Beyond the hazy, cordial banners of "cooperation" and "mutual benefit," Chinese enthusiasm for OBOR is grounded in economic and geopolitical considerations.
  1. Overcapacity in the steel and construction sectors: Constructing railways, roads, and ports abroad will help export steel, which China produces in excess of global demand. Furthermore, investing in nascent neighboring economies could potentially spur greater demand for Chinese goods and services later on.
  2. Rising domestic labor costs: Chinese businesses squeezed by rising domestic labor costs and an economic slowdown at home are eager to outsource manufacturing jobs more efficiently.
  3. Trade and energy security: China's current maritime trade routes are acutely vulnerable. In times of conflict, a blockade could have a potentially crippling effect on the economy. OBOR will keep markets open for Chinese goods and services, and secure access to energy.
  4. Regional leadership and strategy: The most enduring consequence of OBOR's potent cocktail of trade and finance will be bolstered Chinese sway in Southeast, South and Central Asia—regions where the West would like to gain influence—in addition to parts of the Middle East, Africa, and Europe. Furthermore, senior generals in the People's Liberation Army have confided that OBOR will have a "security component," according to one former U.S. official.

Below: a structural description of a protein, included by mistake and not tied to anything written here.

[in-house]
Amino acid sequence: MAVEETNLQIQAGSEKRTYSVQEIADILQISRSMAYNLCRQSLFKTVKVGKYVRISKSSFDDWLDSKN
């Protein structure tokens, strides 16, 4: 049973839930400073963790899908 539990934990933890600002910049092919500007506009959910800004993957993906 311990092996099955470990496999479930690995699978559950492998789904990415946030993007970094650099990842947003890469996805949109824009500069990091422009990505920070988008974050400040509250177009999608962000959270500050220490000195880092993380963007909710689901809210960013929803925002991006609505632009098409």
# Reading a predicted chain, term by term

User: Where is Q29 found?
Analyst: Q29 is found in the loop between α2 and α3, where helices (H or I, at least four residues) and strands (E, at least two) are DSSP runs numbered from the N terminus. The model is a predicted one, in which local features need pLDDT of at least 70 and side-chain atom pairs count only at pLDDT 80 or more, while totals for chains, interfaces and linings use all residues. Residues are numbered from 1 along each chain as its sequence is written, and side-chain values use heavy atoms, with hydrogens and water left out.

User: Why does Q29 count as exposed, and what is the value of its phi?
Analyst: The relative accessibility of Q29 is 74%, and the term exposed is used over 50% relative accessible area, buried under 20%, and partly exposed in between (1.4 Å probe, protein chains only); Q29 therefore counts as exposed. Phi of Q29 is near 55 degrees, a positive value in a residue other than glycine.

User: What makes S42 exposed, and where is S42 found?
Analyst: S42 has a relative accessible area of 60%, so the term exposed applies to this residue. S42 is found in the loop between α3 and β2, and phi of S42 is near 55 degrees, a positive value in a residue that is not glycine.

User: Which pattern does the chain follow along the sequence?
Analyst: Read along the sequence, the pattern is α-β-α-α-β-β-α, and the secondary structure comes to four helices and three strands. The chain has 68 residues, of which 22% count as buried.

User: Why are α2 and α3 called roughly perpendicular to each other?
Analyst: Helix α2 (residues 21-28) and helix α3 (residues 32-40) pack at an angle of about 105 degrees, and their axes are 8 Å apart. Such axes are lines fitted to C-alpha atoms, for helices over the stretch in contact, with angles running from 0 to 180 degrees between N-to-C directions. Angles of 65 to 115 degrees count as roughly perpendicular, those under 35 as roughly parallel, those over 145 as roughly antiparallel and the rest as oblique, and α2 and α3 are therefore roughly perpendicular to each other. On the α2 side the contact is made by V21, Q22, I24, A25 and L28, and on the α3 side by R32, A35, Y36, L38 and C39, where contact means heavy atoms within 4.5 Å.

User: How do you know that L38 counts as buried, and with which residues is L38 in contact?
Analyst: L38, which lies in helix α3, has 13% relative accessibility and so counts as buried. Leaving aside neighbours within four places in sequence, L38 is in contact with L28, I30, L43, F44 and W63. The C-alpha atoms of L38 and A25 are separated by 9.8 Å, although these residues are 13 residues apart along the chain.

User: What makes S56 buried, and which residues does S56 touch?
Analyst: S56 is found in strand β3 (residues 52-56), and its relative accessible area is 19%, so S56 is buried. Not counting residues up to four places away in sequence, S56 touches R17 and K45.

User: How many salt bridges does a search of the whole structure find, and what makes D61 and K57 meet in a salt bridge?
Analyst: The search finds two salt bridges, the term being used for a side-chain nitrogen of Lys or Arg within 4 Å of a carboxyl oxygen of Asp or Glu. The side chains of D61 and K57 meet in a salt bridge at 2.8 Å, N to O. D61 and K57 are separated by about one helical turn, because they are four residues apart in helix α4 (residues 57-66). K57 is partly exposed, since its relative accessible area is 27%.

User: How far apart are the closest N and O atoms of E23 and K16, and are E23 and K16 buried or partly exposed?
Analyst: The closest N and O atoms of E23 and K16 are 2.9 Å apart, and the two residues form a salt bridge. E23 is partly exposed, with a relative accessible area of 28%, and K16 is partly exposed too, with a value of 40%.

For the past four decades, an American-led order in Asia has preserved peace and made a continental economic boom possible. Now, China—the foremost beneficiary of this peace—threatens the very system that enabled its rise in an aggressive bid for regional supremacy. As The Economist's Simon Long pithily observes, "[T]he trend in economics as in diplomacy is towards parallel sets of institutions: the old ones, where America has a leading role; and the new, where it is absent and China dominates." At the same time, however, insurgent populists—the likes of Donald Trump and Bernie Sanders—are advocating unapologetically for an insular America. Incredible stakes hinge on the passage of the U.S.-led Trans-Pacific Partnership, a free-trade pact involving 12 Pacific Rim countries; yet the volume of populist rhetoric has driven even the reliably pro-free trade Hillary Clinton against it.
President Obama once described Asia as "the part of the world of greatest consequence to the American future." Uncontested, OBOR may shape the Asia and the 21st century as dramatically as the Marshall Plan did Europe and the 20th. The ball is now in America's court. Asian countries fretting Chinese domination seek an American counterweight. Indeed, Washington's response to OBOR will determine the role of U.S. leadership in Asia, or lack thereof, in the decades to come.